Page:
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The manufacturer of these clean-up towels claims they have the “power to absorb up to 27 times greater than paper towels or any cotton cloth.”  Combine that with the ability to rinse and reuse them — or toss them in the wash once they’re too dirty, and you’ve got a formidable shop rag…  If it’s true.

We’ve all been there: something gets spilled, and we have to choose between wasting a dozen paper towels or mopping it up with a sponge or cloth that just doesn’t absorb the liquid fast enough. Since I’m on a mission to “green” up my life, these super-absorbent cloths caught my eye on TV the other day.

If their claims hold true, at $15 plus shipping for ten Zorbeez cloths — 4 “jumbo” and 6 “large,” though their website conspicuously doesn’t mention the actual sizes — these may be worth the investment.  But how true is their claim? Does anyone here have any experience with these, or with any similar super-absorbent cloth?

Zorbeez [Zorbeez]

 

14 Responses to As Seen on TV: Zorbeez

  1. nrChris says:

    Cloth diapers. They get great use in my workshop and in my camera bag. They absorb an insane amount of liquid, are tough, can be tack cloth in a pinch, and come out of the wash looking nice. They also serve as the best lens cloths / cleaning the water off of my camera if I shoot in the rain. They are not expensive, practically free since I steal them from my kids. Well, at least the ones that the little guy has grown out of.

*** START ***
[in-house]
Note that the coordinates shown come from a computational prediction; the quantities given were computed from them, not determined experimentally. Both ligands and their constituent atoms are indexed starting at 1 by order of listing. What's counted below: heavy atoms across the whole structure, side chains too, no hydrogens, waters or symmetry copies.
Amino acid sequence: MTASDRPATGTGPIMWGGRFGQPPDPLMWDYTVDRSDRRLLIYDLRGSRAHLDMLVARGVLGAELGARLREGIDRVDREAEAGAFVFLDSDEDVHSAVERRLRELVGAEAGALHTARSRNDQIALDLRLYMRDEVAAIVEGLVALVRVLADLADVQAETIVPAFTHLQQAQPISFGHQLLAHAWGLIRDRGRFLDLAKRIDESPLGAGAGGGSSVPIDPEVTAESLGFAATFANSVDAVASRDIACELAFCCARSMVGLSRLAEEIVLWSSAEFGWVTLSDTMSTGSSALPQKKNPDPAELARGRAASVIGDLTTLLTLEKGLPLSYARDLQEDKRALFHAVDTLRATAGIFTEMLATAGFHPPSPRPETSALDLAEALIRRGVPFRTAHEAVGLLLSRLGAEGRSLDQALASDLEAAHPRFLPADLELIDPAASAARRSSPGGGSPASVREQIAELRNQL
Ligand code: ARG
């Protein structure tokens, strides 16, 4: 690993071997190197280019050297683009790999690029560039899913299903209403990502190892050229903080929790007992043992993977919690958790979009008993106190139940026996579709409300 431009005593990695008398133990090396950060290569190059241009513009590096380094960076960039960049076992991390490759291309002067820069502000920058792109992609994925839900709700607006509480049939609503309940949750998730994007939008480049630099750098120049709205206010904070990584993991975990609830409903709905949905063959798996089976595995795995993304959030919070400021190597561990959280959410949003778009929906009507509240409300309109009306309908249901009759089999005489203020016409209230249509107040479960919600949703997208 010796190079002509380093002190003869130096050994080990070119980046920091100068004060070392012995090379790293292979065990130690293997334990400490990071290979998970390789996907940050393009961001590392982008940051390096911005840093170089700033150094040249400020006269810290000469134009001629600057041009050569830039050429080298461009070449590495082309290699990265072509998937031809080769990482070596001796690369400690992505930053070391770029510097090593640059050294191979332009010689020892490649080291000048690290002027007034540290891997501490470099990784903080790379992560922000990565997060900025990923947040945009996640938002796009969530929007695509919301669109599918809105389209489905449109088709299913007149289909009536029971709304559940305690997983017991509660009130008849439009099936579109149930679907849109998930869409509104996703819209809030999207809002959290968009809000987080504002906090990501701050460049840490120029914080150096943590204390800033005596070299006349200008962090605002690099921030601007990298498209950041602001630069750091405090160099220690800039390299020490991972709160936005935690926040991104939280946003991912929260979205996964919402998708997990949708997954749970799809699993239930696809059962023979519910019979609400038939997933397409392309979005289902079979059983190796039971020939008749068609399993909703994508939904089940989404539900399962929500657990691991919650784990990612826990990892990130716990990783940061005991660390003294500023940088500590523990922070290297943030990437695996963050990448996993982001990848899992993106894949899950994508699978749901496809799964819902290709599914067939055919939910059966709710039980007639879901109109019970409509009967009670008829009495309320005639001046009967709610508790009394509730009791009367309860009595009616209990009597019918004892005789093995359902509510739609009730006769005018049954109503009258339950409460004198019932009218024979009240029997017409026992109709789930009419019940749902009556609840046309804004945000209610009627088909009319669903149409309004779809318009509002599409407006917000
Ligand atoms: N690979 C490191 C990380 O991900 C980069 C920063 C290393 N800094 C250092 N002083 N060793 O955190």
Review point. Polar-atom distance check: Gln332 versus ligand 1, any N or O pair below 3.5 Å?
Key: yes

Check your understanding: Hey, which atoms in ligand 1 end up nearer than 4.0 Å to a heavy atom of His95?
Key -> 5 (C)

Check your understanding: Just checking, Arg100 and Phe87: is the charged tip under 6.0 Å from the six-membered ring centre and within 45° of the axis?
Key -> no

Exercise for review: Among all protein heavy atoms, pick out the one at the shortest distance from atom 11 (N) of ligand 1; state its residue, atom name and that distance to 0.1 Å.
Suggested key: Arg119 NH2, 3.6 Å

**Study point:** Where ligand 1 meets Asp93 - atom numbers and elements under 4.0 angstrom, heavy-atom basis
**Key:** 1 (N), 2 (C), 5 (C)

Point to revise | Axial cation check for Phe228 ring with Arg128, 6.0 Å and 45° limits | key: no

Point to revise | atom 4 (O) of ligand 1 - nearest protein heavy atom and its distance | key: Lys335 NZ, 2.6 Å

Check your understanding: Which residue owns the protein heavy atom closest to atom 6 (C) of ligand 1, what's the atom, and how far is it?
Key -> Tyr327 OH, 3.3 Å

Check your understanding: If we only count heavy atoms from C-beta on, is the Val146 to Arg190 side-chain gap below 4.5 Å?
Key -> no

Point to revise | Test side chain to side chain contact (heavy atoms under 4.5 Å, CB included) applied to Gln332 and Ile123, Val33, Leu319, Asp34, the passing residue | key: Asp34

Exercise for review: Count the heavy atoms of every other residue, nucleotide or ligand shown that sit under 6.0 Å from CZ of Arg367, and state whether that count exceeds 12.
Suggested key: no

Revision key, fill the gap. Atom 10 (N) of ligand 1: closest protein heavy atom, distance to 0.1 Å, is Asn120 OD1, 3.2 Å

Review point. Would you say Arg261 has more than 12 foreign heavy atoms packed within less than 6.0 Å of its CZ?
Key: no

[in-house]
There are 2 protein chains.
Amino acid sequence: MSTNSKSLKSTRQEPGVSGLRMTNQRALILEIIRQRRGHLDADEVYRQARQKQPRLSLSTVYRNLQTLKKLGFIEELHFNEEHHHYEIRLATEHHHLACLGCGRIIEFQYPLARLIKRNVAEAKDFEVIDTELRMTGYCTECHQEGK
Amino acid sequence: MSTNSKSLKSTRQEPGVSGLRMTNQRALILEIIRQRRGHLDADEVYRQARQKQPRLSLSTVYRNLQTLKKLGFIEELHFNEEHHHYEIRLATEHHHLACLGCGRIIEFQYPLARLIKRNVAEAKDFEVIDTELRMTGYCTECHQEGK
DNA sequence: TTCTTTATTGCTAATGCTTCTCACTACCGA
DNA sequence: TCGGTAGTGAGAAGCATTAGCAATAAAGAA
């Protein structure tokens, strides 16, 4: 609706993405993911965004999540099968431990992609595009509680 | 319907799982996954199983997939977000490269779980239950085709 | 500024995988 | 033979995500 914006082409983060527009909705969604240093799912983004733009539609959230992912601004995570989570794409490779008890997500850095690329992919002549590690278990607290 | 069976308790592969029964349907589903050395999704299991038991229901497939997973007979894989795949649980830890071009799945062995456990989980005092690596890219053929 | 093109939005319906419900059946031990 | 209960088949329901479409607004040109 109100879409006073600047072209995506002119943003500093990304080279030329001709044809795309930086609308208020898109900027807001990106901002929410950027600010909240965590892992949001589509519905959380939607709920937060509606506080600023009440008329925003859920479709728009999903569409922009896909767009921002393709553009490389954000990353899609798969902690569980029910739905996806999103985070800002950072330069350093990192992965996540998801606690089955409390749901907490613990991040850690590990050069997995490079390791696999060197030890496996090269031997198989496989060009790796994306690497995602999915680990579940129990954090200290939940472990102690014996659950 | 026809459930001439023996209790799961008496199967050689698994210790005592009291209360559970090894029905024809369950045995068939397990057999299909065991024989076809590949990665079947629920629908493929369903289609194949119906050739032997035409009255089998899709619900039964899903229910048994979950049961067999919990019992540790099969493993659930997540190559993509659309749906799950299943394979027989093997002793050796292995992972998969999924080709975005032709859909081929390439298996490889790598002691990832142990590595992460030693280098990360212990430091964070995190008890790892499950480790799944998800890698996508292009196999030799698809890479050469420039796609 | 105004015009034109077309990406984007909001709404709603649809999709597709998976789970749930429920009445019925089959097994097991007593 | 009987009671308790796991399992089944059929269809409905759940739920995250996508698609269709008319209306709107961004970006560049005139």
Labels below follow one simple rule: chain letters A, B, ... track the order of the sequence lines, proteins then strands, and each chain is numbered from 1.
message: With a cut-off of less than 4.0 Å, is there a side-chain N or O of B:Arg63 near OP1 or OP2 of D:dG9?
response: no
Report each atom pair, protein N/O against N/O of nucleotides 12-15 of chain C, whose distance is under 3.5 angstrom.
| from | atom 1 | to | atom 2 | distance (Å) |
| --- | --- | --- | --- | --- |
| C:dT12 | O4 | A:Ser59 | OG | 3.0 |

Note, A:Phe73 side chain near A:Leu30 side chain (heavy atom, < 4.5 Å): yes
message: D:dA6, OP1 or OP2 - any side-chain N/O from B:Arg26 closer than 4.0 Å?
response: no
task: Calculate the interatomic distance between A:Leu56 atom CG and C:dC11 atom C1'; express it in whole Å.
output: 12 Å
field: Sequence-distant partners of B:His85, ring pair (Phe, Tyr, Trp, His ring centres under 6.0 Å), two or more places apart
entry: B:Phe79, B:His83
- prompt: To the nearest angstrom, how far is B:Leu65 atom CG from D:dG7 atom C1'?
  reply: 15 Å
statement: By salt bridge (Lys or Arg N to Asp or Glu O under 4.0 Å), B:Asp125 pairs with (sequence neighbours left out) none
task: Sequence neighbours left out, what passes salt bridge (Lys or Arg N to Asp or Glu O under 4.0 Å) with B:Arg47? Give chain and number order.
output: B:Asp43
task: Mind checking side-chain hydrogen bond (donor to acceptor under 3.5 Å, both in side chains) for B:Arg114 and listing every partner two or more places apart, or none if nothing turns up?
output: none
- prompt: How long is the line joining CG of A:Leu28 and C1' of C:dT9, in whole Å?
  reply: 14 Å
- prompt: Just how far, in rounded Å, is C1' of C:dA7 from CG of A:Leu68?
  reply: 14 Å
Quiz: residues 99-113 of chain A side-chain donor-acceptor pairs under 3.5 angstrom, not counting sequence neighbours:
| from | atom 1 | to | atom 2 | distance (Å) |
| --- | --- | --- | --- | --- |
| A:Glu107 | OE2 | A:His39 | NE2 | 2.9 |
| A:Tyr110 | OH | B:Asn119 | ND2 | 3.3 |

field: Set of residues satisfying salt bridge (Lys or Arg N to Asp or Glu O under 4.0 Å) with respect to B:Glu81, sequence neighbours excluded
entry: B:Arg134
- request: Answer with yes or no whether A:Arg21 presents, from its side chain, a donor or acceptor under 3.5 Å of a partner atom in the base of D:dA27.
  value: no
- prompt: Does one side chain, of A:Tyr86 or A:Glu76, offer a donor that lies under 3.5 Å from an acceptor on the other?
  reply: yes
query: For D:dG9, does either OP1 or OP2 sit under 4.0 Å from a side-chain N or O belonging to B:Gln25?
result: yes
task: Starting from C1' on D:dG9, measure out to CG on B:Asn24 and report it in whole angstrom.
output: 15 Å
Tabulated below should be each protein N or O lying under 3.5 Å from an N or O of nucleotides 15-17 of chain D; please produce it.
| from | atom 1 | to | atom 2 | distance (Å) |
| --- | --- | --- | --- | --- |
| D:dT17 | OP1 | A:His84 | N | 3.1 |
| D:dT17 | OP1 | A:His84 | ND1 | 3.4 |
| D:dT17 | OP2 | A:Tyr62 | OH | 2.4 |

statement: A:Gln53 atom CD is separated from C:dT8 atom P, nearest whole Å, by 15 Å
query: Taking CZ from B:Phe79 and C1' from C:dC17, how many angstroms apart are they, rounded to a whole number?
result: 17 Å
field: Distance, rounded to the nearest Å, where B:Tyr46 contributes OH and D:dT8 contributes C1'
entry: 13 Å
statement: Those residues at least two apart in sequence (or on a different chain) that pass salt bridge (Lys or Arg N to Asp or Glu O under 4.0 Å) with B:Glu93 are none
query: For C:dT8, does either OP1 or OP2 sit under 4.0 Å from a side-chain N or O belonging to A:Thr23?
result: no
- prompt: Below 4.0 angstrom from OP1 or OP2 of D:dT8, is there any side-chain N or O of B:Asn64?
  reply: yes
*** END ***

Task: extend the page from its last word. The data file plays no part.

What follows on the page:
2. Trevor Dyck says:

    I believe I’ve had a pair of these around the shop. If memory serves correct, they are good for absorbing large quantities of water, but could never handle only a little bit of water, leaving streaks pretty much every time… so it a was a 2 cloth ordeal then – first this thing, then something that wouldn’t leave streaks.

  3. rodney says:

    I have used the Absorber brand to mop up water. For about $6 you can get the 27×17 inch size. They are really able to absorb a lot of water, and you put them away wet so you don’t have to worry about mildew. Not sure if the Zorbeez is the same material.

  4. Stuey says:

    Like Rodney, I use the Absorber brand that they sell at Target, Lowes, and auto shops. It’s pretty decent, but the regular size cloth is $9.

    I like it better than regular paper or cloth towels.